Patients who have longer and heavier menstrual periods are at increased risk of endometriosis. Patients with a strong family history of endometriosis are at an increased risk. Individuals who have prolonged infertility are also commonly found to have endometriosis.
The most common symptoms of endometriosis are pelvic pain and infertility. The pain may be associated with menstruation, which we refer to as dysmenorrhea. The pain may be associated with intercourse, which we refer to as dyspareunia. Pelvic pain may also occur at other points in the menstrual cycle. Among patients with infertility there is a very high prevalence of endometriosis. Some studies have shown that 30-50% of individuals presenting with infertility have endometriosis. It is important to know that infertility may be the sole symptom of the endometriosis. In other words, in many patients endometriosis does not present itself with pain but only with infertility.
Endometriosis is diagnosed through careful history taking and physical examination. On pelvic examination there can be clues to the presence of endometriosis based on the consistency of the tissue. Also, irregularity in the tissue behind the uterus, which we call the cul-de-sac can be a tip. Large collections of endometriosis in the ovaries, which we call endometriomas can also be palpated. Another diagnostic modality is ultrasound. Ultrasound is effective in diagnosing severe endometriosis. Probably the gold standard of diagnosing is laparoscopy. Laparoscopy allows us to visualize the reproductive tract directly. Endometriosis then can be evaluated and frequently treated at the same time.
Frequently we can treat endometriosis at the time of diagnosis during laparoscopy. This is usually done using laser therapy. Laser therapy can destroy the endometriotic implants without damaging surrounding tissue. The benefits of laser therapy are that for patients that wish to conceive it allows them the opportunity to immediately attempt conception. Hormonal therapy is also available in the form of drugs such as Lupron to shut down the ovaries or progesterone to suppress the endometriosis directly. The advantage of medical therapy is the elimination for the need for surgical intervention. However, medical therapy generally suppresses ovulation for 6-9 months. For the patient that wishes to conceive this may be an unacceptably long time to defer attempts at conception.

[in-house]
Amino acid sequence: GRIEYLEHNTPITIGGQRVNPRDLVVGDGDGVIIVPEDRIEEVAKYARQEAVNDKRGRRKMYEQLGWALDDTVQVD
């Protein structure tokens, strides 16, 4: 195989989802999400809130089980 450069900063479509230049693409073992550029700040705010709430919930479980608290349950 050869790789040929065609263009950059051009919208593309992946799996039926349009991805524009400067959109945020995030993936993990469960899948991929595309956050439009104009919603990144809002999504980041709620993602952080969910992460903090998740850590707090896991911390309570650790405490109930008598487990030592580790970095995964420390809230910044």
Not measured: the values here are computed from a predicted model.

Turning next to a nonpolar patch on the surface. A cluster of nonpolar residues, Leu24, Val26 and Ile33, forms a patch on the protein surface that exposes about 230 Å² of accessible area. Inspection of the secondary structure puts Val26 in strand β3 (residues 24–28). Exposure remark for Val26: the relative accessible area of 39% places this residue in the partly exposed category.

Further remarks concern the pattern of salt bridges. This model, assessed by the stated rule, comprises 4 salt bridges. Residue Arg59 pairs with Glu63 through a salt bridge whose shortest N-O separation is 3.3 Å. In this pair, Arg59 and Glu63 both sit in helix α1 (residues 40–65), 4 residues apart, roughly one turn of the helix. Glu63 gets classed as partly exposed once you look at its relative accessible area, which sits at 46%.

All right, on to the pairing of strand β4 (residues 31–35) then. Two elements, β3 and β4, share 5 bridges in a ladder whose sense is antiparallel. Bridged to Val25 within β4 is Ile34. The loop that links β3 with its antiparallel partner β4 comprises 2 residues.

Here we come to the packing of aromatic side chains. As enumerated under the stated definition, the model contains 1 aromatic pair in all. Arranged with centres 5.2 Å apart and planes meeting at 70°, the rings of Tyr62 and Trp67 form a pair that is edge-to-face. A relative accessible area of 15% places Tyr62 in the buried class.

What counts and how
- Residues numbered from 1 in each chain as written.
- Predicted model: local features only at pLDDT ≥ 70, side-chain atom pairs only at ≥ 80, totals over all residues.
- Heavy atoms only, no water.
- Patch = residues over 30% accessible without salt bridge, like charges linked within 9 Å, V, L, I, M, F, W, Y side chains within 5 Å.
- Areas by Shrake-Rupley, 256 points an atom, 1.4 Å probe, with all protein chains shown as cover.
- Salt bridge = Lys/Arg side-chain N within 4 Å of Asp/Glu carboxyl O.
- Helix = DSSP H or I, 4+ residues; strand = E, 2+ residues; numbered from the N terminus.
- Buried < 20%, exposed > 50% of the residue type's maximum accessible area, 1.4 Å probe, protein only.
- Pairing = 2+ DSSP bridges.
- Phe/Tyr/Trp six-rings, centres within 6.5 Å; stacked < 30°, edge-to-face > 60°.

Because laparoscopy is a relatively new modality which has been utilized only in the last twenty years, it is possible that we are diagnosing more cases. However, there is a suspicion that we are seeing more endometriosis now then we were years ago. Endometriosis is promoted by many months of regular menstruation, which are uninterrupted by childbirth. With the increasing availability of oral contraceptives, and with a generally increasing trend for women to work longer before attempting their first childbirth, it is suspected that perhaps this is allowing for more uninterrupted menstruation, which may be a risk factor for endometriosis. While endometriosis is probably most commonly diagnosed in the mid to late thirties, we are seeing an increasing number of women in their twenties with moderate to severe endometriosis. This poses a significant threat to their future reproduction.